Step by step recipe:
- 15 min.Prepare a light caramel with 150 g caster sugar.
Please note: It's important that the caramel should be light and not dark as it will continue cooking during the rest of the process, and so risk becoming overcooked and bitter.
- 2 min.Pour a little liquid caramel into the bottom of a ramekin...
- 1 min.... and turn the ramekin so that the caramel coats the base and sides. Pour any excess back into the pan (don't worry for now if there are dribbles around the top of the dish).
Warning: This is a tricky moment, and liquid caramel is burning hot and very dangerous. It is wise to keep young children well clear, and to protect your hands with oven gloves while handling the ramekins (not like I am doing in the photos).
- 10 min.Do this with all the ramekins.
- 10 min.Pour 1 litre milk into a pan with 1 vanilla pod, scraped to remove the small black seeds inside, and bring to the boil over medium heat.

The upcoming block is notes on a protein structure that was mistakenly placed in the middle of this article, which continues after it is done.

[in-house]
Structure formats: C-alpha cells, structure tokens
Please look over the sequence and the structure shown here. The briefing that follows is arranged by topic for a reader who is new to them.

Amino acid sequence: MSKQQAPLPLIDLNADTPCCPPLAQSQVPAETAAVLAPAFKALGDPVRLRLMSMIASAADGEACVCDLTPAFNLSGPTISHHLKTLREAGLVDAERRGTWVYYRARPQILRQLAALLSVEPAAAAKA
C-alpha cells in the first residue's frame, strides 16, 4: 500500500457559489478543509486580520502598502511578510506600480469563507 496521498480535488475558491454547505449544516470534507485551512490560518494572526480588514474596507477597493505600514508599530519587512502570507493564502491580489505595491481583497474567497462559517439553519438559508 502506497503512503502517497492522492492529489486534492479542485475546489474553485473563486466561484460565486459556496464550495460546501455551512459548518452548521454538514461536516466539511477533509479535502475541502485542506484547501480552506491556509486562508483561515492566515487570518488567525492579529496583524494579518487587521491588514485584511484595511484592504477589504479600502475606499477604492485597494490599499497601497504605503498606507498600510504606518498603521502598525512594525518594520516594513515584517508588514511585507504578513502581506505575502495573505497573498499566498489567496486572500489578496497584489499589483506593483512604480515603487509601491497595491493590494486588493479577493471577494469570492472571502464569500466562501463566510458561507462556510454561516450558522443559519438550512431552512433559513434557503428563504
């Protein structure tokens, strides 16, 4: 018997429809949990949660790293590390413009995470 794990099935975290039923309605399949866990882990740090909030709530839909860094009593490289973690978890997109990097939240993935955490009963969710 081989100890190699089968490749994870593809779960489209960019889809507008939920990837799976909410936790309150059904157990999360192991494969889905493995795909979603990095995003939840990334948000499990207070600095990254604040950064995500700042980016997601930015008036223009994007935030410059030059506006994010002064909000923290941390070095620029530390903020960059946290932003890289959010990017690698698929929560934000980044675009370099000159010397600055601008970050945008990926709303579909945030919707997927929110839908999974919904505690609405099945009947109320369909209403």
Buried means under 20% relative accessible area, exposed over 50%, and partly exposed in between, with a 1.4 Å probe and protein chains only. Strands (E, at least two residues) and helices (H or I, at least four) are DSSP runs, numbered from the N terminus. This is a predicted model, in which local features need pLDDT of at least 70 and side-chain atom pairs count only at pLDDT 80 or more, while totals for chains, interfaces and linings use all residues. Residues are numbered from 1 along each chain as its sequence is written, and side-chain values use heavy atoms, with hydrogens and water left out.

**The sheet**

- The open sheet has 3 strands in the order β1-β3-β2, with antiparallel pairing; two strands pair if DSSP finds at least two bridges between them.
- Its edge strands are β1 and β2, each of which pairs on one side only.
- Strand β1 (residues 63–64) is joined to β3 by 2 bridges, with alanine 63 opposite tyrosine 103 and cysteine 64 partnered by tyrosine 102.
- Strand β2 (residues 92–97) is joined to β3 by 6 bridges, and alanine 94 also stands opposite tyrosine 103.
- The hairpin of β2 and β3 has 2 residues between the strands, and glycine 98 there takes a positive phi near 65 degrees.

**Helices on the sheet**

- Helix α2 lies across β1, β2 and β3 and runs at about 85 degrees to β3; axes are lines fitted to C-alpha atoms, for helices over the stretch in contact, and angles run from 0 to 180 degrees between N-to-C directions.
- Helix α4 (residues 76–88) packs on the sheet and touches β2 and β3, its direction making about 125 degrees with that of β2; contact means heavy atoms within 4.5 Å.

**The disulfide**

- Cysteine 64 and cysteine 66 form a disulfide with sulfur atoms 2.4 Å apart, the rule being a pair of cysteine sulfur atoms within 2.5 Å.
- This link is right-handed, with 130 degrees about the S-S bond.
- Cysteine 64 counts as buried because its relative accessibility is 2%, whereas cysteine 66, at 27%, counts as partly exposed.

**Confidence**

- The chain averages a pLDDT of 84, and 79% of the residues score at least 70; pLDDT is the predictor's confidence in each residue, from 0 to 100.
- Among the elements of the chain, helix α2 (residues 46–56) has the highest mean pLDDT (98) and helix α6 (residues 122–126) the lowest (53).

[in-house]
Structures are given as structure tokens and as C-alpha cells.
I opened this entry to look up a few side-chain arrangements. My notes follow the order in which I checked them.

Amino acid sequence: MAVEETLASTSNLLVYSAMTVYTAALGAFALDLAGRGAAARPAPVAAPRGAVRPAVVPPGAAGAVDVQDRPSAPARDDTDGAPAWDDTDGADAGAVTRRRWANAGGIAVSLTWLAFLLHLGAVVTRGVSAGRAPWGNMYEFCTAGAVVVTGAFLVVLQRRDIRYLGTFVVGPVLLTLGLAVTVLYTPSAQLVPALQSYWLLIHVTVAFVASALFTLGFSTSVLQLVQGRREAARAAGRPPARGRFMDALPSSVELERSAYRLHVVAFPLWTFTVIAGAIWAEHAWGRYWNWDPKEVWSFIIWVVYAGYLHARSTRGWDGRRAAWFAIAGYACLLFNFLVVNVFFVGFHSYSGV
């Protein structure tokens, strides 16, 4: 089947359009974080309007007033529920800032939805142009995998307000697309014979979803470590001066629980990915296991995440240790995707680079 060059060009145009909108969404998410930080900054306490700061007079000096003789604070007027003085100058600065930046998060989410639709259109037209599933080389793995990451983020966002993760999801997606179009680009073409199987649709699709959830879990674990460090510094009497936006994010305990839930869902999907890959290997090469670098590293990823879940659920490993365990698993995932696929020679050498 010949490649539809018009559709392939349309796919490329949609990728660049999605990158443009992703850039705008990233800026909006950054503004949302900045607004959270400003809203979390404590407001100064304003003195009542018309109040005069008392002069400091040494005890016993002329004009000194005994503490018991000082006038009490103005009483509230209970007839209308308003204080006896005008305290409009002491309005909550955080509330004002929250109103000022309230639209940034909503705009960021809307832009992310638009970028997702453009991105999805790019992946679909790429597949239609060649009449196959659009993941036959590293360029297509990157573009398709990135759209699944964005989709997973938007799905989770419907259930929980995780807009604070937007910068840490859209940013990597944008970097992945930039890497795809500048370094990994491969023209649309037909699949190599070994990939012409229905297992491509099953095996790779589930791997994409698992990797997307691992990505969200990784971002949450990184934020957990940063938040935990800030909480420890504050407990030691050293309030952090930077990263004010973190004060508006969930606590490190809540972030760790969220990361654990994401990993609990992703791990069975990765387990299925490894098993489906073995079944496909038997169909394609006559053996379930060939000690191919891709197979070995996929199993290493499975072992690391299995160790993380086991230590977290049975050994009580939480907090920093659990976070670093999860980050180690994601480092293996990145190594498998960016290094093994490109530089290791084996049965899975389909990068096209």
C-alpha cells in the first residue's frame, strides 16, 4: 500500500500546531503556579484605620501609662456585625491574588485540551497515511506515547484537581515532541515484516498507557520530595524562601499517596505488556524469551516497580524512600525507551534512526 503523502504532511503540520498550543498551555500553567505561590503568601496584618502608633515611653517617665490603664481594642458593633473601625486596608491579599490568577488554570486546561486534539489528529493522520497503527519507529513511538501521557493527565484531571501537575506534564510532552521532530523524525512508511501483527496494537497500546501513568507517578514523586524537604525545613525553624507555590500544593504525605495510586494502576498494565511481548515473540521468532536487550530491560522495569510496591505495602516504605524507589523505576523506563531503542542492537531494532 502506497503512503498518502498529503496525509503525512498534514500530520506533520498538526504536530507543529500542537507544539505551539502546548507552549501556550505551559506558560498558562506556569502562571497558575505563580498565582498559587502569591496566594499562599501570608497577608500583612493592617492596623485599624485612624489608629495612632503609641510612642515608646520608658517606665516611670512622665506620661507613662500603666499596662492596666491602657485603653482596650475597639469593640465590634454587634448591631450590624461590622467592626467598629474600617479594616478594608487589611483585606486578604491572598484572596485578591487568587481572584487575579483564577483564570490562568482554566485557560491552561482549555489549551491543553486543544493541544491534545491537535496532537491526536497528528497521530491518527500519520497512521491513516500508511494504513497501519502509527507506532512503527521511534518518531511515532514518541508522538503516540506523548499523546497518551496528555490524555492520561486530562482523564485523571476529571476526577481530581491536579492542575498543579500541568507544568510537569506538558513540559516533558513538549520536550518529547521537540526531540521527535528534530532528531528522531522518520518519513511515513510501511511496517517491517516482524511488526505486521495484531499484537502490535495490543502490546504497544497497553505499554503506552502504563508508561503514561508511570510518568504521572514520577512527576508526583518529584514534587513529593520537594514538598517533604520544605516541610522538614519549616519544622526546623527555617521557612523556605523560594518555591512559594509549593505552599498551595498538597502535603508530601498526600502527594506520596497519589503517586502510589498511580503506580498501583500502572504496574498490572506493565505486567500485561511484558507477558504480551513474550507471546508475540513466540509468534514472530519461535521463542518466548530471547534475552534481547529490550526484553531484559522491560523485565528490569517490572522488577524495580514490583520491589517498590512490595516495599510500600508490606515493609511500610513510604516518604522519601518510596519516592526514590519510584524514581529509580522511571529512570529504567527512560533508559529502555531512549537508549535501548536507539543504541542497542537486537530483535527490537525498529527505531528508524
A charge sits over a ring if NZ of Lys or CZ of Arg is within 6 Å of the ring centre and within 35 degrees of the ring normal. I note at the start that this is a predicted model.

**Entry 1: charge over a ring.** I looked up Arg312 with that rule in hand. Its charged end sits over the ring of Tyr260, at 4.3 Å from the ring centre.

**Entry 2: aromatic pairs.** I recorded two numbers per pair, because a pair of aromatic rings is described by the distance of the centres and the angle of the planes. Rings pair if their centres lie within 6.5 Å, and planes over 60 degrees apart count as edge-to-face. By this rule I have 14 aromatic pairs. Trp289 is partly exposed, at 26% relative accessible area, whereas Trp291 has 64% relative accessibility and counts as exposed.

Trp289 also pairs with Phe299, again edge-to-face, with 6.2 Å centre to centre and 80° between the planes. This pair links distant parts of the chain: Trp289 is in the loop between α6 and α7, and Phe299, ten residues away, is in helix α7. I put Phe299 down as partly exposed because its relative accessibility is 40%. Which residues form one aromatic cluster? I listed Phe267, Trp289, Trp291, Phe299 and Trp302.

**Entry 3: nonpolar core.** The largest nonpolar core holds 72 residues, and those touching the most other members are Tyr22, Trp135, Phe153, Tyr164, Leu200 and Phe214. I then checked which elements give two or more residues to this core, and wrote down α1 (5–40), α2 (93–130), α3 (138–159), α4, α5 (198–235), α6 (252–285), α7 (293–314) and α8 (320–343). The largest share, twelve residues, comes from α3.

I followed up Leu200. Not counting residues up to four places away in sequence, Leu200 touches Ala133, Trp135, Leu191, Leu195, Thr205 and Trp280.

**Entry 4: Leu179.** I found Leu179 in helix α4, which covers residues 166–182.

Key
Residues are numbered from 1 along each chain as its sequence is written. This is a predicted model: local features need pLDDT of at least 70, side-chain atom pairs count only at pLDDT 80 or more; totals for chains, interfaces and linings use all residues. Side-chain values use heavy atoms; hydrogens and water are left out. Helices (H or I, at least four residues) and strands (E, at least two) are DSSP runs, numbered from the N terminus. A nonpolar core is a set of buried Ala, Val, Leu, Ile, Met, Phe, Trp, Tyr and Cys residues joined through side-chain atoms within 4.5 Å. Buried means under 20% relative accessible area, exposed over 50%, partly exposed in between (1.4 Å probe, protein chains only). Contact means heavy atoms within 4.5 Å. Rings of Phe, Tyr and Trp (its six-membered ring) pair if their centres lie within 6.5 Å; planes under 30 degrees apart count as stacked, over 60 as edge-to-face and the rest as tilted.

Preheat oven to 180°C (360°F), and boil a kettle (or large pan) of water.
- 5 min.Meanwhile pour 200 g caster sugar into a bowl and add 6 eggs. Mix well with a maryse.
Pour the boiling milk over, and beat to mix.
- 10 min.Pour the mixture through a strainer, preferably over a high-sided container, to remove the bits of vanilla pod.
Leave to rest 10 minutes, then skim off any foam that forms on the surface.
- 40 min.Place the ramekins in a large, deep baking sheet, then fill them with cream and put in the oven. Pour boiling water into the tray, then close the oven door and leave to cook around 40 minutes.
- 2 hoursCheck that the creams are cooked, like testing a cake, then remove from the oven and leave at least an hour to cool to room temperature.
Then refrigerate overnight.
- Serve by turning out onto dessert plates or dishes. Overnight the caramel will have liquified, and will now run down over the cream.
Remove from the fridge an hour before serving if possible so that the cream is not too cold.
You will notice that this cream uses whole eggs. This makes it firmer than the cream used for crème brulée for example, so that it can be turned out easily.
If you make this dessert for your children or grandchildren, you'll find there's no more talk of desserts from packet mixes.